Was this really a disadvantage? One might argue that radio was Benjamin’s ideal medium, because he loved to hide. Though some readers have claimed his legacy for the tradition of Marxism, he was never a firebrand, and he found his greatest happiness not in public controversy but while burrowed away privately with his books. In a 1930 broadcast called “Demonic Berlin,” he tells his auditors that as a child his parents forbade him from reading the stories of the 19th-century German author E.T.A. Hoffmann, because his tales were populated with ghosts and doppelgängers and “monstrous figures of every kind.” Hoffmann was a master of the uncanny, about whom his contemporary, the poet Heinrich Heine (a distant relation of Benjamin’s), once observed that “even the devil could not write such devilish stuff.” So of course Benjamin read Hoffmann’s tales all the more passionately, in secret, seated alone in the family’s dining room, where (Benjamin tells us) “all the terrors, such as fish with stubby snouts, gradually gathered in the darkness at the edge of the table.”

The printed page was Benjamin’s place of safety, where he could hide himself as he had in childhood. But he also transformed the cityscape itself into a refuge: the artifice of urban space turned into an interior, the outside into inside. He treated cities, chiefly Berlin and Paris, as objects of reading. For these exercises, Hoffmann was an early inspiration. Benjamin tells his listeners that Hoffmann saw the city of Berlin with the eyes of a physiognomist, revealing that “this prosaic, sober, enlightened, and rational Berlin is full of things to charm a storyteller—not only in its medieval nooks, secluded streets, and somber houses, but also in its working inhabitants of every social rank.”

This was not only a portrait of Hoffmann; Benjamin was also describing his own method. This would become his special skill as a writer: He offered physiognomies of modern life and transformed everything he saw into a dreamscape that spilled over with both promise and danger. He devoted one broadcast to the Lisbon earthquake of 1755, whose tremors were felt from the coasts of Morocco to France. Eighteenth-century Lisbon, a thriving hub of Portugal’s global empire, had well over 250,000 inhabitants, of whom nearly a quarter perished. It was said that the cathedral towers in faraway Seville shook “like reeds in the wind.” Benjamin was only one in a long line of critics to write about the earthquake; European philosophers from Voltaire to Kant had pondered its meaning. But Benjamin possessed a skill in description that surpassed nearly all of his predecessors, and in the brief 20 minutes of his broadcast, he conveyed the terror of the event with inimitable precision. He ascribed special importance to the earthquake as a sign that the earth’s crust is never at rest, that the ground beneath us is in “perpetual upheaval,” and that nature is no less violent than the history of humanity.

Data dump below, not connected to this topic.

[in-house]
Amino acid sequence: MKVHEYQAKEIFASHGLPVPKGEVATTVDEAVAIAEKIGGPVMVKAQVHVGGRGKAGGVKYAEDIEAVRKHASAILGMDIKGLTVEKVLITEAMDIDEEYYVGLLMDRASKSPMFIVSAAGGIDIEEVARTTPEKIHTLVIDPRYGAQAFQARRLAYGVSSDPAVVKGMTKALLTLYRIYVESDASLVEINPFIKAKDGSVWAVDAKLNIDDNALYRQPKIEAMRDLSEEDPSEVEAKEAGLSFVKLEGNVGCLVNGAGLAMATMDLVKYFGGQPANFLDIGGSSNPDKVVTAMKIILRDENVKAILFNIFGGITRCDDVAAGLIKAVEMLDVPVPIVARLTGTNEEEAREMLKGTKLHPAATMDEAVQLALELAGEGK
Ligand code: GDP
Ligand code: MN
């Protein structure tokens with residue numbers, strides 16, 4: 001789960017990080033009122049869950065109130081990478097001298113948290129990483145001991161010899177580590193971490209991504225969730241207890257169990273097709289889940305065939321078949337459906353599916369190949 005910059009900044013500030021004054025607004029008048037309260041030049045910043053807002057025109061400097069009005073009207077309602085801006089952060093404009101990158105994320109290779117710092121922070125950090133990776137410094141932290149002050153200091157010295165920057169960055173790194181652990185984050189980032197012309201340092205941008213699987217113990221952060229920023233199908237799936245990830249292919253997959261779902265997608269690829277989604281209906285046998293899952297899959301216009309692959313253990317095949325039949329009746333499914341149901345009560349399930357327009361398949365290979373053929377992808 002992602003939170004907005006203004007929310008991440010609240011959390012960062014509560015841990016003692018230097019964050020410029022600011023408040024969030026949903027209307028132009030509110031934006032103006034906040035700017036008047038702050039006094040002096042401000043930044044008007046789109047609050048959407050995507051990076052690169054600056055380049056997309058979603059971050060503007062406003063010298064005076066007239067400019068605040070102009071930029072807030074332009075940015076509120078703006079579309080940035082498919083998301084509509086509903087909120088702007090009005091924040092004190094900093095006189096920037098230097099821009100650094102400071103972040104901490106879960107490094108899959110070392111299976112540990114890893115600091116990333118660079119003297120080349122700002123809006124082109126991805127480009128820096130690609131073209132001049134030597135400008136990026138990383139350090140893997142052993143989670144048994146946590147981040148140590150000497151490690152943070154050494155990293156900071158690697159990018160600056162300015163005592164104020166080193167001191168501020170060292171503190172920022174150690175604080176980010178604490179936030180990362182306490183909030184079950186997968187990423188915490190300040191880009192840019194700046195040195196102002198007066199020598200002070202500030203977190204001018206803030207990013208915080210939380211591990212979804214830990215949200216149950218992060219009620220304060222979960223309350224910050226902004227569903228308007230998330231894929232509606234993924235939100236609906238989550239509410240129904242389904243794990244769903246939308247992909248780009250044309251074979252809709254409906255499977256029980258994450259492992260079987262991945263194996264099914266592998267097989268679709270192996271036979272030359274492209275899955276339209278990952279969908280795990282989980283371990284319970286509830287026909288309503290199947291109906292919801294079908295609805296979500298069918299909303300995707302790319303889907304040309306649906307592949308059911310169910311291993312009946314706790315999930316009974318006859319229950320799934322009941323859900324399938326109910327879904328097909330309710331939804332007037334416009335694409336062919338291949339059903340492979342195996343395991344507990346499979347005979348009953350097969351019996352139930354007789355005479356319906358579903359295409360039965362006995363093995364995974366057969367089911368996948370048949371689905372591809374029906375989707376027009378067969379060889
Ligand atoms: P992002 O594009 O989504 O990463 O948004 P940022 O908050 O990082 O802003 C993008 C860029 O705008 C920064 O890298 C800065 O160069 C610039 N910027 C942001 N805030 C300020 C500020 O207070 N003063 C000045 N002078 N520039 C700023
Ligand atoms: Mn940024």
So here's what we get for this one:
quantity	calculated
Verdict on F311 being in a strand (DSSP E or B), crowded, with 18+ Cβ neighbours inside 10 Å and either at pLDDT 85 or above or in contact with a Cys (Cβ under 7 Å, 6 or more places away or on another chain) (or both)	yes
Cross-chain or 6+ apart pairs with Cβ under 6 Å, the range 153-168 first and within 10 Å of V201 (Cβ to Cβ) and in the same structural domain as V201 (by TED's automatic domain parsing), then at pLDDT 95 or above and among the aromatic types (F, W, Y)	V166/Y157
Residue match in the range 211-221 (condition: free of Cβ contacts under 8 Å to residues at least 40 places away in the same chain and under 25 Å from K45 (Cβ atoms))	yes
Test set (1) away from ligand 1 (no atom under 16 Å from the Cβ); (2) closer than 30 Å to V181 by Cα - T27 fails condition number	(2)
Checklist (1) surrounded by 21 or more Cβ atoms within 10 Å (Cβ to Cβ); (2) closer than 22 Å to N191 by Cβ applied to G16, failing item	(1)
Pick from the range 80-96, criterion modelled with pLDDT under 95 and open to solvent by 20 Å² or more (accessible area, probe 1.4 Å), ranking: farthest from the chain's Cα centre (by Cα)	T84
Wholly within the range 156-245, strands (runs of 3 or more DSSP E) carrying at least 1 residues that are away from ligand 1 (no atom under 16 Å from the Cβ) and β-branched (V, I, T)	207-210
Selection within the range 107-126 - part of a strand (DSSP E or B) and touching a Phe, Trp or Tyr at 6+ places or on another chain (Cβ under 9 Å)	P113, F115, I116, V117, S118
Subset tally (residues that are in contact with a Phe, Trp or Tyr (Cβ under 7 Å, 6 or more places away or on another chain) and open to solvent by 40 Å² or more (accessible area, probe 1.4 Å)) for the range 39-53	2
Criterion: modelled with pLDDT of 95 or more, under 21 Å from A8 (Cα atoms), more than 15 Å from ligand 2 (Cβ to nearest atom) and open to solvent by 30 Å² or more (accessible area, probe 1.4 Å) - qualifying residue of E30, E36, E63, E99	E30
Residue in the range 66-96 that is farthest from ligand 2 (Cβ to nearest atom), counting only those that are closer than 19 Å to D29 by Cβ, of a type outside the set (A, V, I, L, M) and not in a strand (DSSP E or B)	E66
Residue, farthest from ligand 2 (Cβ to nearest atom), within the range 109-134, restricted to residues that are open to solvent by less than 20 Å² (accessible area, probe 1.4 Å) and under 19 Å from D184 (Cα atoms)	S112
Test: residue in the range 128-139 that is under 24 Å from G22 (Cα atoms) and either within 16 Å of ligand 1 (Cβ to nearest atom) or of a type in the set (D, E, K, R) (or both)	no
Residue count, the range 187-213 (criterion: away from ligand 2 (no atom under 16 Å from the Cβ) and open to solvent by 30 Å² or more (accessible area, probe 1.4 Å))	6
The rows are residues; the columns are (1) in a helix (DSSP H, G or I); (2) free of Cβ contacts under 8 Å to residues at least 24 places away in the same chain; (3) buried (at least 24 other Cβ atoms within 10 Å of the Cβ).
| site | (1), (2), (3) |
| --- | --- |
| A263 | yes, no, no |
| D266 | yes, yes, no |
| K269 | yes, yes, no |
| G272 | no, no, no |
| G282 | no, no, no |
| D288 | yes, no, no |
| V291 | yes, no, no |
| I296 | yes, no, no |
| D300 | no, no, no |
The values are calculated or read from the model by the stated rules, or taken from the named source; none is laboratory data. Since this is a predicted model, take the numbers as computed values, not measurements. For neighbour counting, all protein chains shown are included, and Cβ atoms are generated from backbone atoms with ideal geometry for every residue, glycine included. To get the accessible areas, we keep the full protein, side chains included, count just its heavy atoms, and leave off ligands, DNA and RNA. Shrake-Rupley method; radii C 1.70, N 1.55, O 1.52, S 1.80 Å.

That theme recurs in one of his final broadcasts from the spring of 1932, a report on the Mississippi flood of 1927 that claimed hundreds of lives in several states, and according to Benjamin plunged 100,000 square miles of farmland underwater from Missouri to Kentucky to Tennessee. An estimated half-million inhabitants lost their homes, and Benjamin provides the auditor with a desperate portrait of three brothers who tried to save their livestock but were forced to climb to the peak of their roof while the rising waters raged below. Only one of the brothers would survive, and Benjamin quotes a long passage from the man’s harrowing experience. With his characteristic habit of interpretation, Benjamin turns the disaster into an allegory for politics. Just before he says goodbye to his listeners, he promises that he is not done with the Mississippi: “On some other occasion we’ll return to its banks during times when the river flowed peacefully in its bed, but there was little peace to be found on its shores.” Once again, he says, “we’ll find ourselves on the banks of the Mississippi, but this time facing the raging elements of human cruelty,” by which he means the Ku Klux Klan. “The dams that the law has built to contain them have held up no better than the actual ones made from earth and stone.”